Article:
Source: Ministers for the Department of Industry, Innovation and Science
The impacts of COVID-19 on investment and trade, and the road to economic recovery, have headlined discussions between the Australian Government and the governments of Japan and the Republic of Korea.
Minister for Resources, Water and Northern Australia Keith Pitt has met with his Korean and Japanese counterparts in separate tele-meetings to discuss a range of issues, including collaboration between both nations during the economic recovery from COVID-19.
Minister Pitt met with Korean Minister for Trade, Industry and Energy, Sung Yun-mo, via video-conference today, to discuss the pandemic and progress collaboration on hydrogen and critical minerals.
The meeting comes a month after Minister Pitt met with Japanese Minister Hiroshi Kajiyama to discuss similar issues, as well as energy security.
During the meetings Minister Pitt emphasised that the resources sector was well positioned to lead the recovery from the economic impacts of the COVID-19 pandemic.
“Australia is a stable supplier and our resource industry is showing great resilience during the pandemic,” Minister Pitt said.
“Australia is working closely with its resource trading partners during the COVID-19 pandemic,” he said.
“The Republic of Korea and Japan are both important energy and resources partners and these meetings are invaluable in terms of collaborating on shared issues and cementing our relationship.”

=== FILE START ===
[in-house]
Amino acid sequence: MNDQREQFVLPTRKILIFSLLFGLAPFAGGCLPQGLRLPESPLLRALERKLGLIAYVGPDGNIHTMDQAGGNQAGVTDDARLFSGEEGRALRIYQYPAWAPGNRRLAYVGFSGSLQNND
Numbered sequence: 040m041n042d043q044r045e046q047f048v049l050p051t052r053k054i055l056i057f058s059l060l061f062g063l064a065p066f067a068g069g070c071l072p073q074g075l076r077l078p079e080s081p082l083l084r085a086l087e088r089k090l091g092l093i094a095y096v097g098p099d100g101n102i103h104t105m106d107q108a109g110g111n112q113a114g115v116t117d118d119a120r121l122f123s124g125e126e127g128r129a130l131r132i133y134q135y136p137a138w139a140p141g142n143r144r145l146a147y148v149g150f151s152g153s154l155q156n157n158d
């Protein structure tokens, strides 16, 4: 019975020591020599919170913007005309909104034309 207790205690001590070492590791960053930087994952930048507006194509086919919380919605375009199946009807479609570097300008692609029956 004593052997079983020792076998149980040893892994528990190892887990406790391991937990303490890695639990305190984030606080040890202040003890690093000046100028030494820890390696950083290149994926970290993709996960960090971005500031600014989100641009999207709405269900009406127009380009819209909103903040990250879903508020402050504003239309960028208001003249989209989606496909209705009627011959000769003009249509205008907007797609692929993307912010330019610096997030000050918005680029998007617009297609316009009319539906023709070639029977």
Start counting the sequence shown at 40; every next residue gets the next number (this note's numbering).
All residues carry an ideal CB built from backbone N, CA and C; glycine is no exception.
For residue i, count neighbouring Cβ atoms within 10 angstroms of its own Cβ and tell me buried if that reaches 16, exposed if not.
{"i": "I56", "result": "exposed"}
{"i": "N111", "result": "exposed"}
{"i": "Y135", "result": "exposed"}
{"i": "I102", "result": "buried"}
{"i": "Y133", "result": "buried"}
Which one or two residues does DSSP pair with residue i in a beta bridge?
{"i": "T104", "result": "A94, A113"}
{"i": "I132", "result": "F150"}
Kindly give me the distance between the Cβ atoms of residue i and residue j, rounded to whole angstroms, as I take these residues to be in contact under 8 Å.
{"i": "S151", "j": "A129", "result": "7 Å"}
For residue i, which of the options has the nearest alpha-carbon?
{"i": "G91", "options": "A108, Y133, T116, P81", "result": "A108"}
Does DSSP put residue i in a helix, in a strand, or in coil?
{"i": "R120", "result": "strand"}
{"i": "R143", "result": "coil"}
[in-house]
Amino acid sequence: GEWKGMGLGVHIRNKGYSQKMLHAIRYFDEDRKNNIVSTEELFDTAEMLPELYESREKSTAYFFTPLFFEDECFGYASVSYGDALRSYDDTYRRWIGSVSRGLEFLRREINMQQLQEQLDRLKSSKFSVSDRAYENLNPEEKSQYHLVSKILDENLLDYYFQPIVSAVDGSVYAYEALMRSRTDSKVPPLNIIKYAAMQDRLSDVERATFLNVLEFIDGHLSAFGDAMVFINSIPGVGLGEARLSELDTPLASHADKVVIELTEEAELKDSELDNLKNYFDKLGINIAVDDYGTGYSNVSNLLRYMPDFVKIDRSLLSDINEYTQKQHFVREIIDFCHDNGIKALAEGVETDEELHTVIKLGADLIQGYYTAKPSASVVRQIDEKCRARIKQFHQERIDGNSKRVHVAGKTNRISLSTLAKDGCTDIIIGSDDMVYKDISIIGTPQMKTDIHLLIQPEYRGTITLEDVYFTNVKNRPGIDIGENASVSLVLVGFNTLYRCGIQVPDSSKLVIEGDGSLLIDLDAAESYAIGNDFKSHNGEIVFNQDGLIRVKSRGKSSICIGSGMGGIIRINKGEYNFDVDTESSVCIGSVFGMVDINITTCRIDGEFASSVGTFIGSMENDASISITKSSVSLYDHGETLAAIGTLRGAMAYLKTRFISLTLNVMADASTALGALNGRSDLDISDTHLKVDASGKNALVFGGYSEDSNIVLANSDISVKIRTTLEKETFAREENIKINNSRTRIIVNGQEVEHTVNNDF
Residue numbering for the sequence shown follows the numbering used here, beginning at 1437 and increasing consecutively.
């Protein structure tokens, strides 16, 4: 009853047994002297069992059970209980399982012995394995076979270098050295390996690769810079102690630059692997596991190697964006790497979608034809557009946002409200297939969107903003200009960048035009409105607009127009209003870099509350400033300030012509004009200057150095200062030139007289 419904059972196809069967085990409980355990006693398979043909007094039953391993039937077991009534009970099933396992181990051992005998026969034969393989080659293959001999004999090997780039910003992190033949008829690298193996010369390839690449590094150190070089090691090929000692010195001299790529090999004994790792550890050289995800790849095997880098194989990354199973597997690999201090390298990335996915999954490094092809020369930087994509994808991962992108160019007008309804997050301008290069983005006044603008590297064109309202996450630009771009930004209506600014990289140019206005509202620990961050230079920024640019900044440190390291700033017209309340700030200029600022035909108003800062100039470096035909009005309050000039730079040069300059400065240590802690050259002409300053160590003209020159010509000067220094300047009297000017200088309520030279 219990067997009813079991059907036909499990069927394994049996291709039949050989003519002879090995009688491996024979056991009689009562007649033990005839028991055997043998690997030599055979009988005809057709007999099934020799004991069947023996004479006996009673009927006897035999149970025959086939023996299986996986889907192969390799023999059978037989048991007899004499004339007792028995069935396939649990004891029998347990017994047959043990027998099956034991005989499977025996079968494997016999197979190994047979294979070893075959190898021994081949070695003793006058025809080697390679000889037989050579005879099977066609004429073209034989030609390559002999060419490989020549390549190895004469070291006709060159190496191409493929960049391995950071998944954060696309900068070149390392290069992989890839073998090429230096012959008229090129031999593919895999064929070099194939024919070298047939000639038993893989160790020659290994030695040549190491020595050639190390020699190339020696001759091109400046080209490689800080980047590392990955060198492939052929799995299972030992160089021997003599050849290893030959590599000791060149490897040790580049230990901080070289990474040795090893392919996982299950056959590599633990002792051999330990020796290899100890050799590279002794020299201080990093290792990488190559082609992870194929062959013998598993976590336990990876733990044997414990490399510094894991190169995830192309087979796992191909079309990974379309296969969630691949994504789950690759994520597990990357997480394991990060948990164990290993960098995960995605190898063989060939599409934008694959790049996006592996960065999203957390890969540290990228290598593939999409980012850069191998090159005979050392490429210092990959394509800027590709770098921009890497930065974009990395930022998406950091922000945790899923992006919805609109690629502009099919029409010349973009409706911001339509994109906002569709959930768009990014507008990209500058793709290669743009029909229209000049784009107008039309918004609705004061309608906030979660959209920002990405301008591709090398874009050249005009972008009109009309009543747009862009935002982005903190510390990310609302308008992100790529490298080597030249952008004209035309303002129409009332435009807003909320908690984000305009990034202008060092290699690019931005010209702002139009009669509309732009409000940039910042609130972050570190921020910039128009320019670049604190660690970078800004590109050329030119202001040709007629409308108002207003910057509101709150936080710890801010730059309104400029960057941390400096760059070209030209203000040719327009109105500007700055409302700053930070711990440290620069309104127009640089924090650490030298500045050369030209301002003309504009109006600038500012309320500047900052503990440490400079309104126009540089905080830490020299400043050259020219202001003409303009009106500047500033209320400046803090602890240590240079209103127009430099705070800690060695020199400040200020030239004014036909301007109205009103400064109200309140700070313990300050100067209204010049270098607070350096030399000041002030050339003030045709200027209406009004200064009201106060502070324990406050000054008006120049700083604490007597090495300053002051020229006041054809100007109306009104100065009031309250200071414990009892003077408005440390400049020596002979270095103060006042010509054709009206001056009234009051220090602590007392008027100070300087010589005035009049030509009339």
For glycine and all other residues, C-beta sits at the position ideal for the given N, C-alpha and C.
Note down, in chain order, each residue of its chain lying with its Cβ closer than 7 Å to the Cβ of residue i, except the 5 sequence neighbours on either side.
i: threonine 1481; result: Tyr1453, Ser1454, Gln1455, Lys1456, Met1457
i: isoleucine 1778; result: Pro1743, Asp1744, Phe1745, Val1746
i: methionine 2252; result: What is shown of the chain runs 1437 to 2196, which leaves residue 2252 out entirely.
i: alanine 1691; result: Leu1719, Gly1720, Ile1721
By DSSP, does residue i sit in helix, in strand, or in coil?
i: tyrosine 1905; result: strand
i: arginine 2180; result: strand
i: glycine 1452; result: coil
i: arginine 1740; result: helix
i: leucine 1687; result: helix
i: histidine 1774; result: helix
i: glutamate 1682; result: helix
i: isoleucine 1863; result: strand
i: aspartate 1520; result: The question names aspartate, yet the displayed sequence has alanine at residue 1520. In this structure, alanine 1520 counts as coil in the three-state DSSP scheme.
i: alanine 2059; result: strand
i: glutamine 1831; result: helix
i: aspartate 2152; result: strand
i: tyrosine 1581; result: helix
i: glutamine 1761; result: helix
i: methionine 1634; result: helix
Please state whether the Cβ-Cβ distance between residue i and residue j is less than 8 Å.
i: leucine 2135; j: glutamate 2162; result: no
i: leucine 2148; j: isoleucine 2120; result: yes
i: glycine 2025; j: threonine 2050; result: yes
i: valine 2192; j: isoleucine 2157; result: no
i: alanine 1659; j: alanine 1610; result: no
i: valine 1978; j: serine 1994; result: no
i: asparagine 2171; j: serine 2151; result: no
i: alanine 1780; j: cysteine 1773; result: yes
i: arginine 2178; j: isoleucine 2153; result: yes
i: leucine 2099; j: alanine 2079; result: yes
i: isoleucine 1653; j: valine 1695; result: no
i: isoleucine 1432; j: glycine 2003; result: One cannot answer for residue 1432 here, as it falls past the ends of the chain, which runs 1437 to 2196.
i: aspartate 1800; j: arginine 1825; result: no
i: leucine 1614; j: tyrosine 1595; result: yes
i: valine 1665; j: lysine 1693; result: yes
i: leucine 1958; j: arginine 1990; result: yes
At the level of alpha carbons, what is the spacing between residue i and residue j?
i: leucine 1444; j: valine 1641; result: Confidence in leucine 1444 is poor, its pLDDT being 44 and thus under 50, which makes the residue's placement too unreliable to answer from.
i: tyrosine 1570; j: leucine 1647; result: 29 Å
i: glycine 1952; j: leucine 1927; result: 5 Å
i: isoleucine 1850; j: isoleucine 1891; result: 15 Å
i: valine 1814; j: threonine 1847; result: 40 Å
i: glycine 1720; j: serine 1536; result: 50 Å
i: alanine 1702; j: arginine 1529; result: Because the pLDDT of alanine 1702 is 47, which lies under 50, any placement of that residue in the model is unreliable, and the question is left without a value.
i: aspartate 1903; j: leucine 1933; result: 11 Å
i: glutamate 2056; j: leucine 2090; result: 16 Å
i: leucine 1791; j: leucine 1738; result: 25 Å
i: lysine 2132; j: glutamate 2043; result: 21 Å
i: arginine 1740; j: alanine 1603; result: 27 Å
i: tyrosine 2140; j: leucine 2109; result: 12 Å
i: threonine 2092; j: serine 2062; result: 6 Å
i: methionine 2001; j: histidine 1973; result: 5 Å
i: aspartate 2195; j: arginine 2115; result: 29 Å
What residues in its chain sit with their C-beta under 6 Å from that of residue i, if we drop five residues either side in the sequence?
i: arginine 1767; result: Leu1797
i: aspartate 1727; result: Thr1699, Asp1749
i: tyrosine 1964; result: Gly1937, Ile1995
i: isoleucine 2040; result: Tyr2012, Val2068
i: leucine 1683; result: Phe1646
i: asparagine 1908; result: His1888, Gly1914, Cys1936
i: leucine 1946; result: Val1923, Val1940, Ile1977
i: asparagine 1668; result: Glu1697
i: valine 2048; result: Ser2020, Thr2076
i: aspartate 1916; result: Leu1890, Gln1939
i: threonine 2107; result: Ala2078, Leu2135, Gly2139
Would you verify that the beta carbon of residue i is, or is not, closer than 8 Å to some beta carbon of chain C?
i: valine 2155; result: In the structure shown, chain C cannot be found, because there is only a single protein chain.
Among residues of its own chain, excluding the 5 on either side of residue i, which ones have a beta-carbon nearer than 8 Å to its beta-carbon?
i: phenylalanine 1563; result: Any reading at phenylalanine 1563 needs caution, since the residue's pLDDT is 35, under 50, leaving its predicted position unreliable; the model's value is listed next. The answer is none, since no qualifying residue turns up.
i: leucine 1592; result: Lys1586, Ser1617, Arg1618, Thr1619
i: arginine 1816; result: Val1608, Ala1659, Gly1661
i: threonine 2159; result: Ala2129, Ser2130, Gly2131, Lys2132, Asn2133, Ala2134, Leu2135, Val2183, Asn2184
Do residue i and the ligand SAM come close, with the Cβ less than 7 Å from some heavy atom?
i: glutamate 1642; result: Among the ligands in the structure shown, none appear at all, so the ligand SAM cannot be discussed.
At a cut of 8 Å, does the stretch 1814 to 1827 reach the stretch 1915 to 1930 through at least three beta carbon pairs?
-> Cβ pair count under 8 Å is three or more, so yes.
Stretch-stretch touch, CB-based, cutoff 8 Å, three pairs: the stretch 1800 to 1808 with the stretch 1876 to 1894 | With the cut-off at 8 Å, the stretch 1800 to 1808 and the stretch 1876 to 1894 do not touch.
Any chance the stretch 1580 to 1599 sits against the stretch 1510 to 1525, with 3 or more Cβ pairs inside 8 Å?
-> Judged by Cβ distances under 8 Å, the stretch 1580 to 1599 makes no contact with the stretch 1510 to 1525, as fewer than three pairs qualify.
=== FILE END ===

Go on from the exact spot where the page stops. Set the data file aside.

Australia has long-running officials-level energy and resources partnerships with both countries, through the Australia-Korea Joint Committee on Energy and Mineral Resources Consultations and Cooperation (JCEM), and the Japan-Australia Energy and Resources Dialogue with Japan (JAERD).
As a resources and energy export market, the Republic of Korea and Japan were worth $73 billion combined in 2018 to 2019.
Australia remains well placed to take advantage of growing market opportunities going forward.
“Our exports of coal, gas and uranium are crucial to global energy markets and our success in extracting and exporting lithium, copper, nickel and zinc also make Australia important in supporting new technology, including electric vehicles and batteries,” Minister Pitt said.
“The strength and diversity of Australia’s resource and energy commodities have allowed export earnings to overcome challenging world economic conditions — to the benefit of the Australian economy.”
Similar meetings are being planned with ministerial counterparts from Australia’s other key trading partners, including China.